Tom and Mary Cory operate a small, diversified grain and livestock farm in Central Iowa. Approximately 290 acres of row crops are farmed with an additional 25 acres of hay and 75 acres of rented pasture for the 225 ewes. Since agricultural land rents for such a high premium, we have decided that niche marketing would be best for our operation. Tom teaches agriculture at an urban high school in Des Moines. Mary does the primary crop work with her father. Both Tom and Mary handle the sheep operation from birth to marketing of retail products. The Cory’s have 2 boys, Spencer, 5 and Gavin, 4 with another child due in April 2002.
Before we received the grant, we considered many sustainable methods of sheep raising and marketing. The grant enhanced and even brought to the forefront our desire to:
1) Raise lambs free of added hormones
2) Reduce pesticides used with livestock use sheep manure as compost for our chemical free garden
3) Utilize a discarded by product of sheep processing in local locker plants—pelts
Most of these projects began 1-3 years ago. Our interest in sustainable methods is growing each year as we look at ways to reduce inputs into the operation.
PROJECT DESCRIPTION AND RESULTS
One major goal was to develop a profitable and viable alternative to sheep marketing. Mary and I set a goal to market 250 leathers as a value added end product directly to the consumer. A second goal was to enhance the local locker and leather processors’ income and develop a working relationship that would be beneficial to all parties.
Steps in our leather project included:
1) Increasing our ewe base – 260 ewes with some out of season lambing
2) Sell more retail, frozen lamb to local restaurants and farmer’s market customers
3) Process at least 200 leathers for retail products
4) Set up a web page and install a shopping cart for all products made out of leather
5) Hire Judy McCart to sew leather sheep products
6) Contract with Sharon’s Leathers to sew vests and purses
7) Sell most of the leather inventory by attending some shows or rallies
The result of this phase was that steps 1 thru 6 were started and partially completed. The result of step 7 was that Iowa is not our market and that having a web page does not guarantee sales. We were at the top of most search engine sites, but we didn’t advertise, thus we experienced zero sales in seven months.
Other people involved in the leather project were:
– Larry Davenport – Mingo Locker – lamb processing and new product development
– Tom Eddy – Specialty Leathers of Boone – working on the sheep leather in 14 different colors
– Boone Tanning – tanning pelts
– Judy McCart – leather sewer from Newton
– Sharon’s Leathers – leather sewer from Albion
– Home and Garden Show – Des Moines, Iowa Department of Agriculture showcasing our leathers in the All Iowa Store
– Dr. Dan Morrical – ISU Sheep Specialist working on feed rations
– Dr. Sue Lee Robb – ISU Vet Sheep Specialist developing a sheep health protocol
– Iowa Farm Bureau and ISU Education Specialist, Cary Trexler – “Ag in the Classroom Tours”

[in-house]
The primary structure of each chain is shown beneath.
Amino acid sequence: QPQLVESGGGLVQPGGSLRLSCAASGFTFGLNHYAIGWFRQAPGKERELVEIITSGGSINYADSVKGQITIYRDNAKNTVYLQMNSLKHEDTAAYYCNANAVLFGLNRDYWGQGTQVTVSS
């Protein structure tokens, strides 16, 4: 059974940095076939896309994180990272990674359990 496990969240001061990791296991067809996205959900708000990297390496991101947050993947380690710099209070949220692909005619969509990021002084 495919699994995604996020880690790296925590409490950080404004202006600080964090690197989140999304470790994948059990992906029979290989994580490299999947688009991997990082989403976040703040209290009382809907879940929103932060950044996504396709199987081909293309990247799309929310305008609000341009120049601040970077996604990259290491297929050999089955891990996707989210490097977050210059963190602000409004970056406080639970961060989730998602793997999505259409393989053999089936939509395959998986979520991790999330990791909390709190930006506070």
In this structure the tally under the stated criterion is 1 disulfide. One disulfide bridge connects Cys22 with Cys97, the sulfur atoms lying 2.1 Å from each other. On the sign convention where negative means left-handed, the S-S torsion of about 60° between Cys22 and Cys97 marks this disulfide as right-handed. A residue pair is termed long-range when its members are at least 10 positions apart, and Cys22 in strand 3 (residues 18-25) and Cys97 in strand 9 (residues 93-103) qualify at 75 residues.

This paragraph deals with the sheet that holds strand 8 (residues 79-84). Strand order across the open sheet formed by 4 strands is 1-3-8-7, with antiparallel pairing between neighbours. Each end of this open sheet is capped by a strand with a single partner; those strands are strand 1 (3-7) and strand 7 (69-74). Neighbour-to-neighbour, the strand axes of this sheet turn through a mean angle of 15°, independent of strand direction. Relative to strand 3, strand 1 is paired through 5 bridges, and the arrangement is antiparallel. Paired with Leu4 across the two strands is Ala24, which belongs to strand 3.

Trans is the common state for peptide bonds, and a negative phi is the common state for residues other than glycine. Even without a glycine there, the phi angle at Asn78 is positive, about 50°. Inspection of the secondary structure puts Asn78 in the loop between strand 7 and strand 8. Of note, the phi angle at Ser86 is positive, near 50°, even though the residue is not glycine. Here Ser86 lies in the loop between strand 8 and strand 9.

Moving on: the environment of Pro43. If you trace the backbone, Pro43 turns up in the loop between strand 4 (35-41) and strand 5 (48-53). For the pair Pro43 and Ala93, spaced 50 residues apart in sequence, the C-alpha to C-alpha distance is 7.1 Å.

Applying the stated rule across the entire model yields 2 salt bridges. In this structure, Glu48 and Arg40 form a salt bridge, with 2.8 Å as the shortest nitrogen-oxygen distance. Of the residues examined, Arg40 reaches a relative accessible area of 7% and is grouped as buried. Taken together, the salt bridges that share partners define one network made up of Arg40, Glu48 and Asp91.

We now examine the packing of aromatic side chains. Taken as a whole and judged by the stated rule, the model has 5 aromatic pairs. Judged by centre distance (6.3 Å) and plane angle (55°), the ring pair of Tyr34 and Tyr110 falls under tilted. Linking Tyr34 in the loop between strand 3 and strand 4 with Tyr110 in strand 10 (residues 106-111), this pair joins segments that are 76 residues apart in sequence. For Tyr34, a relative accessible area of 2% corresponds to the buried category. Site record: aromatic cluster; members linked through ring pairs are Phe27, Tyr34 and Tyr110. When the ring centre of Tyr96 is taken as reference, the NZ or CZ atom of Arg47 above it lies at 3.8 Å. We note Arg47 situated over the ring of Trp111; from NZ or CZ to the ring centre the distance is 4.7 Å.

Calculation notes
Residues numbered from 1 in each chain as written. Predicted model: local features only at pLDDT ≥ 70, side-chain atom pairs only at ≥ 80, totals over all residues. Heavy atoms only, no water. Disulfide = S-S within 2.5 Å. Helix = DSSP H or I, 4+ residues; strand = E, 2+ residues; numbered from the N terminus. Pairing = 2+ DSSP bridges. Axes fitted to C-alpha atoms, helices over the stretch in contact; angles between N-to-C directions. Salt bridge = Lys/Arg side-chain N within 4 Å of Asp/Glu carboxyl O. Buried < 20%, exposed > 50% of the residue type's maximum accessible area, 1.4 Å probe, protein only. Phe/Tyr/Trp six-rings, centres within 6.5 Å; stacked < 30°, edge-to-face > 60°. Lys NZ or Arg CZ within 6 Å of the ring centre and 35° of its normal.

Results from this project are constantly evolving. We were able to reduce feed expenses for our flock. Sales of lambs as a retail product has grown from 5 head in 1997 to more than 350 head in 2001. The price received for our lamb the past three years has been as steady as a restaurant menu price. When lamb prices dipped to the upper $30’s this past summer, Cory’s Country Lamb was still receiving $.90/lb on the average. The down side is that the leathers have not returned the extra $.25/lb revenue as previously hoped for.
We have learned that you must promote your value added product and we realize that when you cut out another middleman, you then pick up all of their labor and financial responsibility. Next on the agenda is to find a sewer that will do the work at entry level wages instead of $20/hr. currently, all finished leather items retail price contains 84% labor costs. We can’t compete at this level.
Sheep producers being an independent sort have been noticing our work. The big question in the future is – would they want to invest in this type of value added business? Our business has grown and we would recommend others to consider niche marketing, but maybe not as big to being with.
Mary and I spent more than $30,000 on leathers and wool marketing products and web design. We would recommend all interested parties to take a business class such as the NexLevel class and develop a business plan before diving into a business venture.
Methods of telling our story in the past few years include:
1) 2 Iowa Public TV stories on our sheep operation
2) 2 additional spot appearances by Mary about our operation on IPTV
3) 2 Des Moines Register newspaper articles
4) 3 Iowa Farmer Today articles about our operation
5) 1 article in “American Small Farm” magazine
6) 4 groups from ISU Teachers’ Academy class toured our operation
7) 1 group discussion at Midwest Small Farm Conference, Springfield, IL
8) 1 Value Added Discussion at conference in Des Moines
9) 11 days of Iowa State Fair booth about our leathers
10) Home and Garden Show – show casing our leathers